Chia G, Muñoz Descalzo S, Kurowski A, Leitch H, Lou X, Mansfield W, Etienne-Dumeau C, Grabole N, Mulas C, Niwa H, Hadjantonakis AK, Nichols J, (2014), Oct4 is required for lineage priming in the developing inner cell mass of the mouse blastocyst, Development, 141, 1001-10

Betschinger J, Nichols J, Dietmann S, Corrin D, Paddison J, Smith A, (2013), Exit from pluripotency is gated by intracellular redistribution of the bHLH transcription factor Tfe3, Cell, 153, 335-47

Radzisheuskaya A, Chia G, Santos R, Theunissen TL, Castro F, Nichols J, Silva J, (2013), A defined Oct4 level governs cell state transitions of pluripotency entry and differentiation into all embryonic lineages, Nat. Cell Biol., doi: 10.1038/ncb2742

Leitch H, Nichols J, Humphreys P, Mulas C, Martello G, Lee C, Jones KM, Surani A, Smith A, (2013), Rebuilding Pluripotency from Primordial Germ Cells, Stem Cell reports, 1, 66-78

Morgani S, Canham M, Nichols J, Sharov A, Migueles R, Ko M, Brickman J, (2013), Totipotent embryonic stem cells arise in ground-state culture conditions, Cell Reports, 3, 1945-57

Geti I, Ormiston M, Rouhani F, Toshner M, Movassagh M, Nichols J, Mansfield W, Southwood M, Bradley A, Rana A, Vallier L, Morrell N, (2013), Practical and efficient cellular substrate for the generation of induced pluripotent stem cells from adults: blood-derived endothelial progenitor cells, Stem Cells Transl Med, 1, 12, 855-65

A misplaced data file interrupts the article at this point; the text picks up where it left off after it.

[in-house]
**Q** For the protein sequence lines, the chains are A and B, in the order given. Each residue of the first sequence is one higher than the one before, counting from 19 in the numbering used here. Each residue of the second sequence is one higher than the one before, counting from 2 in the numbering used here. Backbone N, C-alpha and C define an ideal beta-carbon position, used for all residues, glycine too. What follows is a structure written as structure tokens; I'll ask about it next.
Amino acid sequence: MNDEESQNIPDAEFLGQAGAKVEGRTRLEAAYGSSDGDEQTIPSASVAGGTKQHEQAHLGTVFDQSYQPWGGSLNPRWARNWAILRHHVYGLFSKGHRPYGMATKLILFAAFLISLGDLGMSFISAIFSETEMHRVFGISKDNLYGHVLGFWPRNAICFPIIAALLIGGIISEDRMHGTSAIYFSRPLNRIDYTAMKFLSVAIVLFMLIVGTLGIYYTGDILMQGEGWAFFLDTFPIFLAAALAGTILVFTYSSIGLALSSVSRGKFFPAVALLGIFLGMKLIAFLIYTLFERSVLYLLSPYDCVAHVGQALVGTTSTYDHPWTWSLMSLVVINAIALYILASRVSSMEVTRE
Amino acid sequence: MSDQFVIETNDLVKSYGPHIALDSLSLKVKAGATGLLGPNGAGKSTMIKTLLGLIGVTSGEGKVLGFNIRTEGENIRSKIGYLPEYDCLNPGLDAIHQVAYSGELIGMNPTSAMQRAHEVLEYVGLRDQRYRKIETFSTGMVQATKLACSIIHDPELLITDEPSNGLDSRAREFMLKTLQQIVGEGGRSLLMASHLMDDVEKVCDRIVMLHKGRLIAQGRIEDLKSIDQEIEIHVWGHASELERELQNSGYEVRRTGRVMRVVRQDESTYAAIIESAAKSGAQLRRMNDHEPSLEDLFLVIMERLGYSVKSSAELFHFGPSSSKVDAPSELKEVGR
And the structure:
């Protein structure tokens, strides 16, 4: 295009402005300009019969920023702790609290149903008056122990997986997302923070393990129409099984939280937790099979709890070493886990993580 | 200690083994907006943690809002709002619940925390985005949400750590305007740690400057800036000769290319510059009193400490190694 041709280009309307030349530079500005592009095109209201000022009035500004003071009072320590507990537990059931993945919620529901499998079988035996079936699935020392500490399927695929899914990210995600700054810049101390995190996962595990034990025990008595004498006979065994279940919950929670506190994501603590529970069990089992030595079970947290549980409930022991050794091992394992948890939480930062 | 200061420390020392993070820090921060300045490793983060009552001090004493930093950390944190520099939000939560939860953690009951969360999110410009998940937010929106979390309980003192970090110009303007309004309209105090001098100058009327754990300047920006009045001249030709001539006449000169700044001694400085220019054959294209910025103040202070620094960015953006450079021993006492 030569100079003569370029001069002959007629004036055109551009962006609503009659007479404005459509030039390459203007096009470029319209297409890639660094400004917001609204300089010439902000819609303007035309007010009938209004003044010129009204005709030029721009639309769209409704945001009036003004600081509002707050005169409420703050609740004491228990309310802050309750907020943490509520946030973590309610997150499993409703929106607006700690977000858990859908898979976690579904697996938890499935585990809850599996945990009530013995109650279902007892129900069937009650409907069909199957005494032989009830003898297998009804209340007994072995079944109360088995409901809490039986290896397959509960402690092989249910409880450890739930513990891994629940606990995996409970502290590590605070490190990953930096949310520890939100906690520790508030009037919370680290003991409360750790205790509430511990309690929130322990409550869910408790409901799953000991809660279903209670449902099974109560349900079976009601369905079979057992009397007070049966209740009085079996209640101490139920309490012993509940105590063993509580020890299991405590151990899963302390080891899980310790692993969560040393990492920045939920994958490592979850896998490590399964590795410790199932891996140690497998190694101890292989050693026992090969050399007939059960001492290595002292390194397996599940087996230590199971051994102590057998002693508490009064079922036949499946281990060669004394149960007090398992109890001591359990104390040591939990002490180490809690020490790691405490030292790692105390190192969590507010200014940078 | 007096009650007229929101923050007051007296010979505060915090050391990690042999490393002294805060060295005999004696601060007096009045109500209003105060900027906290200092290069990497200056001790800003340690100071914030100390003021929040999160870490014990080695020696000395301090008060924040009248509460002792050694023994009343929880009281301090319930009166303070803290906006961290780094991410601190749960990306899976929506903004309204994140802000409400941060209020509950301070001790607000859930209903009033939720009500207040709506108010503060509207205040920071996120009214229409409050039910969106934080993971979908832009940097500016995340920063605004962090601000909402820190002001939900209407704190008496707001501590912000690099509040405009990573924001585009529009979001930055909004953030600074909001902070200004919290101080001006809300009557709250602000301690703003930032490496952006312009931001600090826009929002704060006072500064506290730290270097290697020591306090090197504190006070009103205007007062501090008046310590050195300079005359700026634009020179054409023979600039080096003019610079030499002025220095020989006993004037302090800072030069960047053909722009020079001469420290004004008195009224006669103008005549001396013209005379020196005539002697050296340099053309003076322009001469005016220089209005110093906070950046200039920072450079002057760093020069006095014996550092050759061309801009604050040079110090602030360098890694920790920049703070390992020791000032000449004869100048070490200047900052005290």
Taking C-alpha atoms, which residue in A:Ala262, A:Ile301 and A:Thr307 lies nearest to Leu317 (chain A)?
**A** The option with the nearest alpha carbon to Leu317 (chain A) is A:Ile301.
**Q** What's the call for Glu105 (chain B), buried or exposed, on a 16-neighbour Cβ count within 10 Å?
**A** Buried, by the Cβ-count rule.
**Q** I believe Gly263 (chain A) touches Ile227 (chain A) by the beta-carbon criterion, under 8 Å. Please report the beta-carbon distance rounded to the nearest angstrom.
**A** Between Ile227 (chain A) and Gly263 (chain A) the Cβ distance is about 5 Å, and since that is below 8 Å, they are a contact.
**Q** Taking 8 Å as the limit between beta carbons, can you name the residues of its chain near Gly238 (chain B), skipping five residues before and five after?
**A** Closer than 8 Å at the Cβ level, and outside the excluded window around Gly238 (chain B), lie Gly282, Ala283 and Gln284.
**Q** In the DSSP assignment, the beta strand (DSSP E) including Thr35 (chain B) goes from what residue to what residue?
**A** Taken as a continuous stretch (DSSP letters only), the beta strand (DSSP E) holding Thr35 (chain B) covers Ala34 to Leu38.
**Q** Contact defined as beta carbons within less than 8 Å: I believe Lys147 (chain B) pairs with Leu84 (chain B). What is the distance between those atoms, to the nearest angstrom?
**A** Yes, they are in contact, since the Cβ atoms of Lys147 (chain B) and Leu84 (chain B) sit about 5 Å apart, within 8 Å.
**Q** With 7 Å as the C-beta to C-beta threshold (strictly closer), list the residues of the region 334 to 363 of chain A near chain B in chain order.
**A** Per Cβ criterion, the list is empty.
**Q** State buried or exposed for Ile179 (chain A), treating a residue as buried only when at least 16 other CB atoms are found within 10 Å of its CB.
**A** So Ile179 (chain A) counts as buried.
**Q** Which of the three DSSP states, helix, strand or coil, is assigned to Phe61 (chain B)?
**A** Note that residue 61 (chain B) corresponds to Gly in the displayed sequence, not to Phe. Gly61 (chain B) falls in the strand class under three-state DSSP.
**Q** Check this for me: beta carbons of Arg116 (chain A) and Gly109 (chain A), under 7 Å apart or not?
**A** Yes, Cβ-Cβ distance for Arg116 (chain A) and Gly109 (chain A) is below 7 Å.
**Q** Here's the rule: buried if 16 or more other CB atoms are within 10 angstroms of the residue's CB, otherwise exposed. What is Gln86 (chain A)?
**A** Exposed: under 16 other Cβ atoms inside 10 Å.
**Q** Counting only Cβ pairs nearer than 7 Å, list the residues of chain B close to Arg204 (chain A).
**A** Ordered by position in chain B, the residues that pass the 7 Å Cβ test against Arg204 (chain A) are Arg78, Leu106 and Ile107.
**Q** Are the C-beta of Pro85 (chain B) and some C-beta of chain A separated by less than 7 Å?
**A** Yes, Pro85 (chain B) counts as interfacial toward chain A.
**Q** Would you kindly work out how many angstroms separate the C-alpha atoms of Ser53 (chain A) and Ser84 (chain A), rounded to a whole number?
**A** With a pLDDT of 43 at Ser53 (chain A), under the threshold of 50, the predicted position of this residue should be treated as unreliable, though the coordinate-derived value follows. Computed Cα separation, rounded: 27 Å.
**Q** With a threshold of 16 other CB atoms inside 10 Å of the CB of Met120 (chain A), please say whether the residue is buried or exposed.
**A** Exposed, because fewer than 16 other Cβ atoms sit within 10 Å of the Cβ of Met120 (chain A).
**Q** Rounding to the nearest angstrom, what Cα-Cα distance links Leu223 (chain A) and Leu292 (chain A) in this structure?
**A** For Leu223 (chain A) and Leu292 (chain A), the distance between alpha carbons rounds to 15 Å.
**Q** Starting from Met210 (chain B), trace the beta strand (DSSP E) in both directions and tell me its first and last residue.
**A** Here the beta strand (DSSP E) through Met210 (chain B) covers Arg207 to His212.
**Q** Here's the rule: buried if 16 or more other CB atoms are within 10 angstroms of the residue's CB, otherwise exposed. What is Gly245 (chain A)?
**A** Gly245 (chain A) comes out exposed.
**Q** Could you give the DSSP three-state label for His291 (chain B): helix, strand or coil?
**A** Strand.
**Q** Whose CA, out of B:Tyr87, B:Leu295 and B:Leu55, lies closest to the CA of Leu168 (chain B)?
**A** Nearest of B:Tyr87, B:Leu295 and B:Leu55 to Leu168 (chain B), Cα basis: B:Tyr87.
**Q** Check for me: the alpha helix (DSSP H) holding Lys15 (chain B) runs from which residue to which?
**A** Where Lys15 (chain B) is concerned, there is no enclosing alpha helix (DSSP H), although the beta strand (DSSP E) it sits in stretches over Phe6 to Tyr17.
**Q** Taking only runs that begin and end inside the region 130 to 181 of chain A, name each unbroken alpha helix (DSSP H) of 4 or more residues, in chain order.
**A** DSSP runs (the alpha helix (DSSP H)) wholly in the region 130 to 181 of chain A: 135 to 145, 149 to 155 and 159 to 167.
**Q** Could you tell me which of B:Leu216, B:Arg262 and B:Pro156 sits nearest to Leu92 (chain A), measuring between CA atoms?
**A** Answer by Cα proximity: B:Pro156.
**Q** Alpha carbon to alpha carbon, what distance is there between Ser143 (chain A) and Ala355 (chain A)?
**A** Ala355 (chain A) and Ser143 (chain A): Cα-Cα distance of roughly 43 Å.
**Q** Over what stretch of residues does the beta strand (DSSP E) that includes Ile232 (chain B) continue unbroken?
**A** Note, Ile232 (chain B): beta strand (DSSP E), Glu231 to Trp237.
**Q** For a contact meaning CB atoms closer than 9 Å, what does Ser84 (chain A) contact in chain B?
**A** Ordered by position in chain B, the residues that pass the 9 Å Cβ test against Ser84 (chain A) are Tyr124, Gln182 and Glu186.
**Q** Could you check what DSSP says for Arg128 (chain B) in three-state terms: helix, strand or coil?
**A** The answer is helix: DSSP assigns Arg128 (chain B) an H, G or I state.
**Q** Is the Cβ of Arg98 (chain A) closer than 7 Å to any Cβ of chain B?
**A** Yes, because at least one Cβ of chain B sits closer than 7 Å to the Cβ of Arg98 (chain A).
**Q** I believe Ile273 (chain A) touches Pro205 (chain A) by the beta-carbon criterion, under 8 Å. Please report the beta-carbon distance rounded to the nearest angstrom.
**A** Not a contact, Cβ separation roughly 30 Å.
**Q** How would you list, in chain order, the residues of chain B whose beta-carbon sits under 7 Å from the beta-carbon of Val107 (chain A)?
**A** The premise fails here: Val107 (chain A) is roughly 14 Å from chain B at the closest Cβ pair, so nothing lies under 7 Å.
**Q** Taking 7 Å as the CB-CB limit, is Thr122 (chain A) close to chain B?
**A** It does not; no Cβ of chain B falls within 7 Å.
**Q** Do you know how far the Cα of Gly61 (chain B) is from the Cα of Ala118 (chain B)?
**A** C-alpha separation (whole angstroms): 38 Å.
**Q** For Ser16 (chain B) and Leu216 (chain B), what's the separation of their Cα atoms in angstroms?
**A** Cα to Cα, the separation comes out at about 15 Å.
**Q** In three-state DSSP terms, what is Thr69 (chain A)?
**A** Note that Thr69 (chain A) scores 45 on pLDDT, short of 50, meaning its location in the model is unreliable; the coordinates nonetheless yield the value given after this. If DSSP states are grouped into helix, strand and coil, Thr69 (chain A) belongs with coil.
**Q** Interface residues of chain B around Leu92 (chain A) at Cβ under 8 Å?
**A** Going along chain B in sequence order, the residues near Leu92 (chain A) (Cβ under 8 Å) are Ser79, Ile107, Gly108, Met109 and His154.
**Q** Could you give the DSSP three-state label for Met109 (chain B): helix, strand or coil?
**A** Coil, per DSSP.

Morgan M, Muller P, Mould A, Newland S, Nichols J, Robertson E, Cooke A, Bikoff E, (2013), The nonconventional MHC class II molecule DM governs diabetes susceptibility in NOD mice, PLoSOne, 8, e56738

Roode M, Blair K, Snell P, Elder K, Marchant S, Smith A, Nichols J, (2012), Human hypoblast formation is not dependent on FGF signalling, Dev. Biol, 361, 358-63 [Faculty 1000 "Must read"]

Full list of publications

Plain English

In the early stages of mammalian development specialised tissues are rapidly generated to allow implantation and connection with the mother. The foetus forms from a separate population of cells called the epiblast that can respond appropriately to signals to form the structures of the foetus in the right time and place. Under suitable culture conditions the epiblast can be captured in a 'self-renewing' state, in the form of embryonic stem cells (ESCs). These can be grown practically indefinitely whilst retaining the ability to form all tissues of the body. They can also be genetically modified to create disease models and investigate gene function. Our lab studies the process of ESC derivation and epiblast function during embryogenesis to satisfy our curiosity and as a means to understand the causes of early developmental failure.

Above: Confocal image of mouse blastocyst, embryonic day 3.5 immunostained for Nanog (epiblast, green) and Gata4 (primitive endoderm, red), counter-stained with DAPI (blue).

Above: Confocal/bright field image of mouse blastocyst containing integrating and excluded embryonic stem cells labelled with H2B Tomato.

Above: Confocal image of embryonic day 6.5 egg cylinder (postimplantation) with four colour Confetti activated by epiblast-specific Sox2Cre.